Trees that are healthy and fit seldom have problems with fungus. When a tree is stressed due to bark injury, broken branches or drought can put stress on the tree. The weakened tree is more prone to being attacked by fungi. Many types of fungi feed on dead wood. Fungus growth can be slowed with the application of a proper fungicide. In order to know the proper fungicide to use, you must identify the fungus. There are 18 common types of fungus that affect most trees in the United States.
- Skill level:
- Moderately Easy
Examine the tree for signs of decay. Fungus can be broken into two taxonomies. They are basidiomycetes and ascomycetes. Basidiomycetes exist as tiny threadlike filament under the bark of the tree. They produce fruiting bodies such as plate fungus. Ascomycetes do not produce fruiting bodies. Instead, they invade the trunk and cause heartwood to decay.
Examine the tree for areas of decay. Different types of fungus affect different parts of a tree. For example, Armillaria spp., Grifola frondosa, and Xylaria polymorpha affect the roots and butt of the tree. Laetioporus sulphureus and Ganoderma applanatum affect the butt and trunk of the tree. Pleurotus ostreatus, Polyporus squamosis, Phellinus ignarius, Perenniporia fraxinophilia and common sap rots affect the trunk and stem of a tree.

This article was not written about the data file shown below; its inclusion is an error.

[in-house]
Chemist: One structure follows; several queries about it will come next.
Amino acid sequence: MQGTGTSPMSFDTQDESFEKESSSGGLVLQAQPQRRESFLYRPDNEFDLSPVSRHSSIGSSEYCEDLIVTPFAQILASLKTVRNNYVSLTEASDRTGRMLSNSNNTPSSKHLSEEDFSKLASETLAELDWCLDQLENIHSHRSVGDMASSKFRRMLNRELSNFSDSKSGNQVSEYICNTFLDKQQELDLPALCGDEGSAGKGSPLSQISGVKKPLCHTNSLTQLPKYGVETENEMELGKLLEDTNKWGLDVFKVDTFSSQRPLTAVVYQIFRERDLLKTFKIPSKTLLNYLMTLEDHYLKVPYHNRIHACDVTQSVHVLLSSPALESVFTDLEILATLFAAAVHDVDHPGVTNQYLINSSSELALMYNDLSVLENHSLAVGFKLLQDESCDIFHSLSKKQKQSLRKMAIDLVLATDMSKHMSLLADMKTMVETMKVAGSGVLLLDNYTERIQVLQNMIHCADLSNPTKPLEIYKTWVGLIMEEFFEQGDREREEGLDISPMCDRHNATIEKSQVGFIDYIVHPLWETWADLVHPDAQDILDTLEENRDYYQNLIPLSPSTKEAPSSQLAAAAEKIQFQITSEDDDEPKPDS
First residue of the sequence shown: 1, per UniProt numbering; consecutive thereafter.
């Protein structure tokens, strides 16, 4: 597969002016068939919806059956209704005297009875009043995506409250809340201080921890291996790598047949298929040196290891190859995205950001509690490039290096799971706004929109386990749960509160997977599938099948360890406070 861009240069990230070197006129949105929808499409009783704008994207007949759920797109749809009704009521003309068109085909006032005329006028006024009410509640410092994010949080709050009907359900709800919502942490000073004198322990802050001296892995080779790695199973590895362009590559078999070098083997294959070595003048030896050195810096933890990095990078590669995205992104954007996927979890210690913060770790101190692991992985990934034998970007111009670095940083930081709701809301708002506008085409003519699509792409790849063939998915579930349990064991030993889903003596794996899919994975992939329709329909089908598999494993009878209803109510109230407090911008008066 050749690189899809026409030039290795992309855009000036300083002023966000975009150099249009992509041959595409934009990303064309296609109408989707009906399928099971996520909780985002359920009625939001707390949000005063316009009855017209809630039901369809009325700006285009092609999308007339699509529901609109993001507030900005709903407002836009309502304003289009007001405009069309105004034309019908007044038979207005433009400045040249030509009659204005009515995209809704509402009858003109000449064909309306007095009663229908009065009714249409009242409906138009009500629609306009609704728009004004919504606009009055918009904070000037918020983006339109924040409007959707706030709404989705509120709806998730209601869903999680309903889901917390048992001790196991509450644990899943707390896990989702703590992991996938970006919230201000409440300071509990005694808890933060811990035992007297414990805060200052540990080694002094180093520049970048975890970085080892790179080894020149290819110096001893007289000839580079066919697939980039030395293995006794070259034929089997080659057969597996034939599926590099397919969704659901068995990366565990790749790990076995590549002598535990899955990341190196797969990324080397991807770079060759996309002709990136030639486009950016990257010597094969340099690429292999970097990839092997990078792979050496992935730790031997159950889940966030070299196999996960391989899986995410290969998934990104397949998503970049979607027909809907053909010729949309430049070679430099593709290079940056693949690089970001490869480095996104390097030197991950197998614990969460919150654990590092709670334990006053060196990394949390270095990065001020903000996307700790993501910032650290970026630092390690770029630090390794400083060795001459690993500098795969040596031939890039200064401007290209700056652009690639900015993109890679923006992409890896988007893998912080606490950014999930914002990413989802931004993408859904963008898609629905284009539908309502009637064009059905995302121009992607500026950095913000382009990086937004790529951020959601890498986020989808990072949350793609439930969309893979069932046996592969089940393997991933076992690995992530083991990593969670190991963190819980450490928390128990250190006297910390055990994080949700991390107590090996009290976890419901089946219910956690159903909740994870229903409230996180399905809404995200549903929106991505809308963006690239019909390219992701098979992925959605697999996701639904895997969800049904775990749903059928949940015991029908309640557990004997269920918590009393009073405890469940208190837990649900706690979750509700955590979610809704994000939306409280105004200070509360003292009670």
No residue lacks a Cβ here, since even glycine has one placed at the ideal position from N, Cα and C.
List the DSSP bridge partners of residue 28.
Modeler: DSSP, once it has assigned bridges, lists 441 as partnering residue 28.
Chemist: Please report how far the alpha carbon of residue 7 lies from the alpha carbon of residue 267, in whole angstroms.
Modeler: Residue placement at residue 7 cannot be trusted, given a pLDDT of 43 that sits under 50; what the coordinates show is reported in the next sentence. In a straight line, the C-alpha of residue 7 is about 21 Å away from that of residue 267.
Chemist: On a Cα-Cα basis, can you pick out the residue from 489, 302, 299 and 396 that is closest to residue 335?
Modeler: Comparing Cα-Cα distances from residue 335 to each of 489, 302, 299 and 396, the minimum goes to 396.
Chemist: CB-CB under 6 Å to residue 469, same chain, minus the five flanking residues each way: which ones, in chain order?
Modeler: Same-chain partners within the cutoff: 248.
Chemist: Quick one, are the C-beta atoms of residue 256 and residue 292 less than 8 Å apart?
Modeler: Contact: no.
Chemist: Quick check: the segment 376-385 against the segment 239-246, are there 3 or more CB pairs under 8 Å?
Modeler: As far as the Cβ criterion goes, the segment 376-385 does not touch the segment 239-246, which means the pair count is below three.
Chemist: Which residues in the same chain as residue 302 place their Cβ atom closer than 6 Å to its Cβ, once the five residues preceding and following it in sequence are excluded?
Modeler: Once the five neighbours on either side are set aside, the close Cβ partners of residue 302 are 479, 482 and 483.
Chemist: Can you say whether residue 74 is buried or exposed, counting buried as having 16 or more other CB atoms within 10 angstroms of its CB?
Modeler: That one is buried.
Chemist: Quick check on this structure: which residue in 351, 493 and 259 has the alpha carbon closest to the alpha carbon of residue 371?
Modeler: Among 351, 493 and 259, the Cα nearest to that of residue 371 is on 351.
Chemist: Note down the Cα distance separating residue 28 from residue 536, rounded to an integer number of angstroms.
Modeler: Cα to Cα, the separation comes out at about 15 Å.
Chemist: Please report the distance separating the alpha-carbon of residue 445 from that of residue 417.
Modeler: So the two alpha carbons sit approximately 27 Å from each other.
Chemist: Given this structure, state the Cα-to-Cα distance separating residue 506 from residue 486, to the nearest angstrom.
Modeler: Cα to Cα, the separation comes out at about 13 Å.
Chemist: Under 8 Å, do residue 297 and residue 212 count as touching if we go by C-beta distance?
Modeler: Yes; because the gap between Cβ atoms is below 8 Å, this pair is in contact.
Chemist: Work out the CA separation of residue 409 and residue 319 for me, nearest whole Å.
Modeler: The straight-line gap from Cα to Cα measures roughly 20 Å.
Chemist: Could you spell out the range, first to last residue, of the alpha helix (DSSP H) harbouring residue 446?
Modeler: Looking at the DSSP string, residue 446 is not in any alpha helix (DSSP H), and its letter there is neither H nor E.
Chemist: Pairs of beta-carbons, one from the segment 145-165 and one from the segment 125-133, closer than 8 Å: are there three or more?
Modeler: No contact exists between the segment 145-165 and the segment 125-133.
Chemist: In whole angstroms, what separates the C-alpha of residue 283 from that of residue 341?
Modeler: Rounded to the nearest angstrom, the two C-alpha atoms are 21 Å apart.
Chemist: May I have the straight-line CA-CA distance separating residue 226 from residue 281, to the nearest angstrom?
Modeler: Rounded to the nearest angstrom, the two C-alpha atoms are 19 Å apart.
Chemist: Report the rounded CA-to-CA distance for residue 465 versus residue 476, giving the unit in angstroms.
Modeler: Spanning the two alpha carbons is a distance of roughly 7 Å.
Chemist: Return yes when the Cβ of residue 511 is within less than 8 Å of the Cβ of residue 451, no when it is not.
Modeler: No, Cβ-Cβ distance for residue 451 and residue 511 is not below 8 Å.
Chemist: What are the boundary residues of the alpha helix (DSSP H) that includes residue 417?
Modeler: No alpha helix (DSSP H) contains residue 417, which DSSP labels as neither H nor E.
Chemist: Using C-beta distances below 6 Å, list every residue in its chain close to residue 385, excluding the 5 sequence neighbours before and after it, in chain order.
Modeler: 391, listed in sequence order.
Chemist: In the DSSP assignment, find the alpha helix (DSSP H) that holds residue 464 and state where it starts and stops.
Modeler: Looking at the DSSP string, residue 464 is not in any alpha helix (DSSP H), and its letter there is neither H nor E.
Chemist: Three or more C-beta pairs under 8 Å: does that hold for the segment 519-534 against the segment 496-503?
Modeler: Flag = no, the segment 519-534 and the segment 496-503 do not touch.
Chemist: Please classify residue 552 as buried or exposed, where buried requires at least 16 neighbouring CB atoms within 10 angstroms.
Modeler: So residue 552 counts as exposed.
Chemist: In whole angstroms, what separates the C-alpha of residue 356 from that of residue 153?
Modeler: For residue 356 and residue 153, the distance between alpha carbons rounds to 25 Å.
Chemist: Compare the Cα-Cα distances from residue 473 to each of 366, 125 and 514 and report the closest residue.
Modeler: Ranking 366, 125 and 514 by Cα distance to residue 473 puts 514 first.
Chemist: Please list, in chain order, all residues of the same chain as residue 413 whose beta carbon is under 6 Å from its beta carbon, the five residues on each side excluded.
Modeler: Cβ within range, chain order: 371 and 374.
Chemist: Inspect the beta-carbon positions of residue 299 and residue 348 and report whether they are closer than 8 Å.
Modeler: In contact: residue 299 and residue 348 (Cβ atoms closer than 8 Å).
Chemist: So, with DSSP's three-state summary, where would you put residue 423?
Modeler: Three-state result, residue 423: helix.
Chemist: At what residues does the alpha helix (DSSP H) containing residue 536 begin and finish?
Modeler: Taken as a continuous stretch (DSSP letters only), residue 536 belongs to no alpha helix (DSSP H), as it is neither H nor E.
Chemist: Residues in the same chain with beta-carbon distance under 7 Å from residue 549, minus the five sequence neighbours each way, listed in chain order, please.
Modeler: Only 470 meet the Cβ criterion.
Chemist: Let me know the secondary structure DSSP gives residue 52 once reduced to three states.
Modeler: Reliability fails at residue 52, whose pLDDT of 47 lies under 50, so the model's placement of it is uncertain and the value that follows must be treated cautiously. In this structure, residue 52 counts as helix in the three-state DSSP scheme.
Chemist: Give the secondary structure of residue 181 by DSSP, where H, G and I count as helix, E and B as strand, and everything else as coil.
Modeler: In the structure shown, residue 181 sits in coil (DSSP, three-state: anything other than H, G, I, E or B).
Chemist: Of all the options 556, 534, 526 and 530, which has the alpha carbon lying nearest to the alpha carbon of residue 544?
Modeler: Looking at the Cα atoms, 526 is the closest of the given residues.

Identify whether ascomycetes is white rot or brown rot based on what components of the tree's heart wood the fungus attacks. White rot fungus primarily attacks the glue of the tree that binds wood fibres. This glue is called lingnin. Brown rot attacks the wood fibres, which are called cellulose, first. Brown rot will weaken a tree and may cause it to fall.
Look over the fruiting bodies produced by basidiomycete fungus. The characteristics of these fruiting bodies will determine the type of fungus that infects the tree. Armillaria spp., Pleurotus ostreatus and Schizophyllum commune produce seasonal fleshy, mushroom-like plates with gills. Ganoderma lucidum and Inonotus dryadeus produce plates annually that are woody with pores.
Grifola frondosa, Laetiporus sulphureus and Polyporous squamosus produce both annual fruit that is soft and fleshy with pores. Climacoden septentrionalis is an annual fungus that is soft and fleshy with a separate layer of toothed pores. Daedalea quercina and Cerrena unicolor produce both annual and perennial fruit with a series of mazelike pores.
Sap rot produces numerous small, platelike annual fungus that have gills. Fomes fomentarius, Phellinus ignarius, Ganoderma applanatum and Phellinus robineae all produce perennial woody fruiting bodies. Xylaria polymorpha, and Ustulina deusta produce annual and perennial fruit that is blackish, whitish or grey with a crusty texture.
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